New York Rangers
At 38-15-5, the New York Rangers hold a seven-point lead in the Eastern Conference, but are rumored to be in the running for Rick Nash. (Photo by Scott Levy/NHLI via Getty Images)
New York Rangers
Nearing the final stretch, the New York Rangers are dominating the Eastern Conference standings, currently sitting seven points above the second place Boston Bruins and third in the overall league standings.
Winners of seven of their past 10 games, the Rangers are as strong at home (19-7-2) as they are on the road (19-8-3).
The Blueshirts rank amongst the top defensive teams in the league, sitting second in goals-against average (1.97) and fourth on the penalty kill, with the eighth fewest shots-against per game.
Goaltender Henrik Lundqvist currently leads the league in save percentage (.940) and shutouts (seven), is second in GAA (1.78) and fifth in wins (28).
Some observers are suggesting Lundqvist's performance is worthy of not just a Vezina Trophy, but also a Hart Trophy nomination.
Despite the Rangers’ obvious defensive strength and lofty position in the standings, there is some concern about their offensive production.
Though they're currently 12th in goals per game, the Rangers are 21st in shots per game, while their power play is a woeful 27th.
Only two players – right wingers Marian Gaborik and Ryan Callahan – have 20 goals or more. Centers Brad Richards and Derek Stepan have 18 and 12 respectively, while left winger Artem Anisimov has 11.
Callahan and Stepan are both on pace for career-best seasons, but the same cannot be said for the others.
Gaborik is on pace for 38 goals and 70 points, an improvement over last season's 22 goals and 48 points in 62 games, but still down from his 42-goal, 86-point effort two years ago.
Richards, an expensive free agent signing who had 77 points in 72 games last season with Dallas, is on pace for only 56 points, which would be his lowest output in 60-or-more games in his career.
Anisimov's production (on pace for 15 goals, 40 points) seems to have flatlined, compared to last season's 18 goals and 44 points, though of late he's rediscovered his offensive touch (seven points in his past nine games) after being reunited with Gaborik and Stepan.
Left winger Brandon Dubinsky, who had a career-best performance (24 goals, 30 assists, 54 points) in 2010-11, has struggled, on pace for only 35 points.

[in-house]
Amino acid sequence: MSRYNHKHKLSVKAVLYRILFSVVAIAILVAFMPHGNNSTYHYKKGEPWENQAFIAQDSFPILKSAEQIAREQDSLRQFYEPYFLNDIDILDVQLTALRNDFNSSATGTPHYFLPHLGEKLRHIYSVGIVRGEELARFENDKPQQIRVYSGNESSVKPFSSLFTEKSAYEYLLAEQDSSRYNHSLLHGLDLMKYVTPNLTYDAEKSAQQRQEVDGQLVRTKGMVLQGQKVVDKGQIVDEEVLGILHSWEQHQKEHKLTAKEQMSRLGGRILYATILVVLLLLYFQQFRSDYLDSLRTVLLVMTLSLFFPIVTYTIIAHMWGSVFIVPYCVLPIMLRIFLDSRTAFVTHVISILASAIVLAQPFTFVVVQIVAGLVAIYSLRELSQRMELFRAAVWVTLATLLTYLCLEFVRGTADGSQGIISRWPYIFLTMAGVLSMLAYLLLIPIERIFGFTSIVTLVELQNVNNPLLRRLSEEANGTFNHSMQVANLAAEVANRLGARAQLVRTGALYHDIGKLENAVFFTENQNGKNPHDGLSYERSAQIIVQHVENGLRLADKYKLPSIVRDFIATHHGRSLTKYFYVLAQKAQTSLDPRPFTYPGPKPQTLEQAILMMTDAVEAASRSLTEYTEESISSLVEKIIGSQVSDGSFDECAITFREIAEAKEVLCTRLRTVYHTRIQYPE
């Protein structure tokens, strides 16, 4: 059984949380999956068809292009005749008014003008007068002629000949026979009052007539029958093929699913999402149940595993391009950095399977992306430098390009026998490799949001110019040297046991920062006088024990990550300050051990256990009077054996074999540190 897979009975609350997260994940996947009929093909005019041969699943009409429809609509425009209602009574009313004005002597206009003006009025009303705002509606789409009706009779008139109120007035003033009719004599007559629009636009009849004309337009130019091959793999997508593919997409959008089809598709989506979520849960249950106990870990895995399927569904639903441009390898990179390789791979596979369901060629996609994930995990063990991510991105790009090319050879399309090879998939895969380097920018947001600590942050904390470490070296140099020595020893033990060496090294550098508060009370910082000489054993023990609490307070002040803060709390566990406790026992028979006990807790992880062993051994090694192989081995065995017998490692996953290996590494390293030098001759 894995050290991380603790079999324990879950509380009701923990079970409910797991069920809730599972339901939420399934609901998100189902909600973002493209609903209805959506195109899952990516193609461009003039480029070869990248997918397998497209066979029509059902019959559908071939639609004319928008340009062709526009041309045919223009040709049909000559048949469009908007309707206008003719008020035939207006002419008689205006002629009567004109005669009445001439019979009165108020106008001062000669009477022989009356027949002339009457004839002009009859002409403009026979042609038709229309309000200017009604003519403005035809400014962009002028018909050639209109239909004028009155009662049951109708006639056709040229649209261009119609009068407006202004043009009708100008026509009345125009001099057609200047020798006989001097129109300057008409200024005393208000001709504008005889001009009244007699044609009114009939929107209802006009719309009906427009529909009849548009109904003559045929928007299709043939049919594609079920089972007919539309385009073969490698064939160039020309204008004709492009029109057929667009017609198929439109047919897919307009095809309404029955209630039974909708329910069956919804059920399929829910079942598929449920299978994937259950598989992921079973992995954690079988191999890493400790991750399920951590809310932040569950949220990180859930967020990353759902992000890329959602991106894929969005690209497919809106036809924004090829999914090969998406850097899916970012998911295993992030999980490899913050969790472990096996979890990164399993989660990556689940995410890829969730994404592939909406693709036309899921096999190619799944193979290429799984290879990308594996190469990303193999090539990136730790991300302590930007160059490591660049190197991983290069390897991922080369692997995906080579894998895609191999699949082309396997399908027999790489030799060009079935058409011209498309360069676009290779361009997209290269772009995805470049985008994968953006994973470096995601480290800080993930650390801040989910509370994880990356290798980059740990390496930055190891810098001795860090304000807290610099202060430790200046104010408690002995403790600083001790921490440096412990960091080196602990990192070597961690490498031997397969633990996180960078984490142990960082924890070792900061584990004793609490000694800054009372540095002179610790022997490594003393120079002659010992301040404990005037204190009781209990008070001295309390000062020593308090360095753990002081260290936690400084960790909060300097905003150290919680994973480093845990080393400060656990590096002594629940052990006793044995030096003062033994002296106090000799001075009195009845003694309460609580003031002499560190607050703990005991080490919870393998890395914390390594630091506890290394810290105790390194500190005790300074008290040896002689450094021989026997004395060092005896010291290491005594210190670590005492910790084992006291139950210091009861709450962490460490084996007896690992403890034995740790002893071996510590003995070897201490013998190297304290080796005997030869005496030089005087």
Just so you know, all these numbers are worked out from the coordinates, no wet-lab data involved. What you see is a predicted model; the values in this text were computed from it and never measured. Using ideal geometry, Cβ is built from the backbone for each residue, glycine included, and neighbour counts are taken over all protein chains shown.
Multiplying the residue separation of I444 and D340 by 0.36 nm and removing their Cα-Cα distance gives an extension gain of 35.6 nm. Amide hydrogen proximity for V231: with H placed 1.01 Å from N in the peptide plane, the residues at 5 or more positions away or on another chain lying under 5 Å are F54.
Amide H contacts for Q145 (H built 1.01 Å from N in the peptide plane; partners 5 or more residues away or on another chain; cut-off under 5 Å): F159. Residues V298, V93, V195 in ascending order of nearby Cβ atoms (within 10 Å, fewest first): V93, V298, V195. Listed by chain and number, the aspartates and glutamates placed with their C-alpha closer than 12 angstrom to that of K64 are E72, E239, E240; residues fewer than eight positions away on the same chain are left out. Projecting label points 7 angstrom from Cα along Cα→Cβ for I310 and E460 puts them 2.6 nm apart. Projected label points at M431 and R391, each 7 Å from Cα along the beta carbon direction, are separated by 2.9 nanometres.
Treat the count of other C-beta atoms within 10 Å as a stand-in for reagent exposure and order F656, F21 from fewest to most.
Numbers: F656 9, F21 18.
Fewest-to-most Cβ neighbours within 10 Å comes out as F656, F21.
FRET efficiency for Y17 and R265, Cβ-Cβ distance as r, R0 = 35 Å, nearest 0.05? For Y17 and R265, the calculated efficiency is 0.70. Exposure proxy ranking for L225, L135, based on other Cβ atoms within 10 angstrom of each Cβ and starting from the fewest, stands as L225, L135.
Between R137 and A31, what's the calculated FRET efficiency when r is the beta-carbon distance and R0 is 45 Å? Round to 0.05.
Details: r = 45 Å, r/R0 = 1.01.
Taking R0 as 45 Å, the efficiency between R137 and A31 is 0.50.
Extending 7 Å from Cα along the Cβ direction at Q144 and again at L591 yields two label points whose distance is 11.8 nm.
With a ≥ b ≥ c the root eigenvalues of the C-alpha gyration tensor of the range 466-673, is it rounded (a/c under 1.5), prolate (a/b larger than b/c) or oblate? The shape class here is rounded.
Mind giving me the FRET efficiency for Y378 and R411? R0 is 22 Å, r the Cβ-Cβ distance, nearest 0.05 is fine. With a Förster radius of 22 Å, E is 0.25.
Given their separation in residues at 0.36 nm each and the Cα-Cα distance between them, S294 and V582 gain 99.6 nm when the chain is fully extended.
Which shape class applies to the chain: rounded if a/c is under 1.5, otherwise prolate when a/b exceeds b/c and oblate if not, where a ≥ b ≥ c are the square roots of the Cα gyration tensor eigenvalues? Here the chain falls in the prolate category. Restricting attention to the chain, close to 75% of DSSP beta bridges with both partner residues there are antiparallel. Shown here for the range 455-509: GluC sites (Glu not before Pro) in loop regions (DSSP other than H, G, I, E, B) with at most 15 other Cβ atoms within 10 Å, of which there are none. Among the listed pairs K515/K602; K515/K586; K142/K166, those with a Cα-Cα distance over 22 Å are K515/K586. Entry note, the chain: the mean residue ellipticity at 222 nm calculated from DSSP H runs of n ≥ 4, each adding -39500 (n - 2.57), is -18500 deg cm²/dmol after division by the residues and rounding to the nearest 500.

The Rangers offensive game had generated media speculation GM Glen Sather will look for some scoring punch before the trade deadline. It went into overdrive early last week when it was reported Sather had contacted the Columbus Blue Jackets about right winger Rick Nash.
Nash would unquestionably provide a significant boost to the Rangers offense and could play on either the first or second line.
It's not a guarantee the Rangers will land Nash, as he'd have to agree to waive his no-movement clause, but there are some observers who consider them front-runners for his services.
One would assume the possibility of the Rangers landing a star such as Nash by the trade deadline would be greeted with enthusiasm by the New York media, yet the reaction has been noticeably cool.
Foremost among those expressing concern was Larry Brooks of the New York Post, who worried about the unintended consequences the acquisition could have upon the Rangers' team chemistry, as well as the impact his long-term $7.8 million per season cap hit would have on efforts to re-sign Lundqvist, Callahan and Gaborik before their contracts expire.
Brooks also warned it could remove the Rangers from bidding in 2013 for potential UFAs such as Corey Perry and Ryan Getzlaf.
Taking on Nash's salary would significantly limit cap space for a club that has already invested more than $36.8 million per season in Gaborik, Richards, Lundqvist, Callahan, Dubinsky, Marc Staal and Dan Girardi.
Even if Dubinsky, who's been mentioned as part of a possible return for Nash, were taken out of the equation, that only reduces the annual average cap hit down to around $32.6 million. Adding Nash's annual cap hit pushes it to $40.4 million.
If Sather passes on Nash, that doesn't mean he's not shopping around for offensive help, as he could pursue more affordable options, such as Edmonton's Ales Hemsky or Montreal's Andrei Kostitsyn.
Still, there's concern among some Rangers followers Sather will throw caution to the wind and roll the dice on Nash, as he did in the past with high-salaried stars Pavel Bure, Alex Kovalev and Jaromir Jagr.
Back then, of course, the Rangers were struggling to reach the playoffs, plus there wasn't a pesky salary cap to worry about.
Given his team's current position in the standings, plus the potential salary cap and team chemistry issues, Sather might be more inclined to find a more affordable deal (in both salary and return) that won't shake up his already solid lineup.
We'll know for certain Monday afternoon.
Rumor Focus appears Tuesdays and Thursdays only on thehockeynews.com. Lyle Richardson has been an NHL commentator since 1998 on his website, spectorshockey.net, and is a contributing writer for Eishockey News and Kukla's Korner.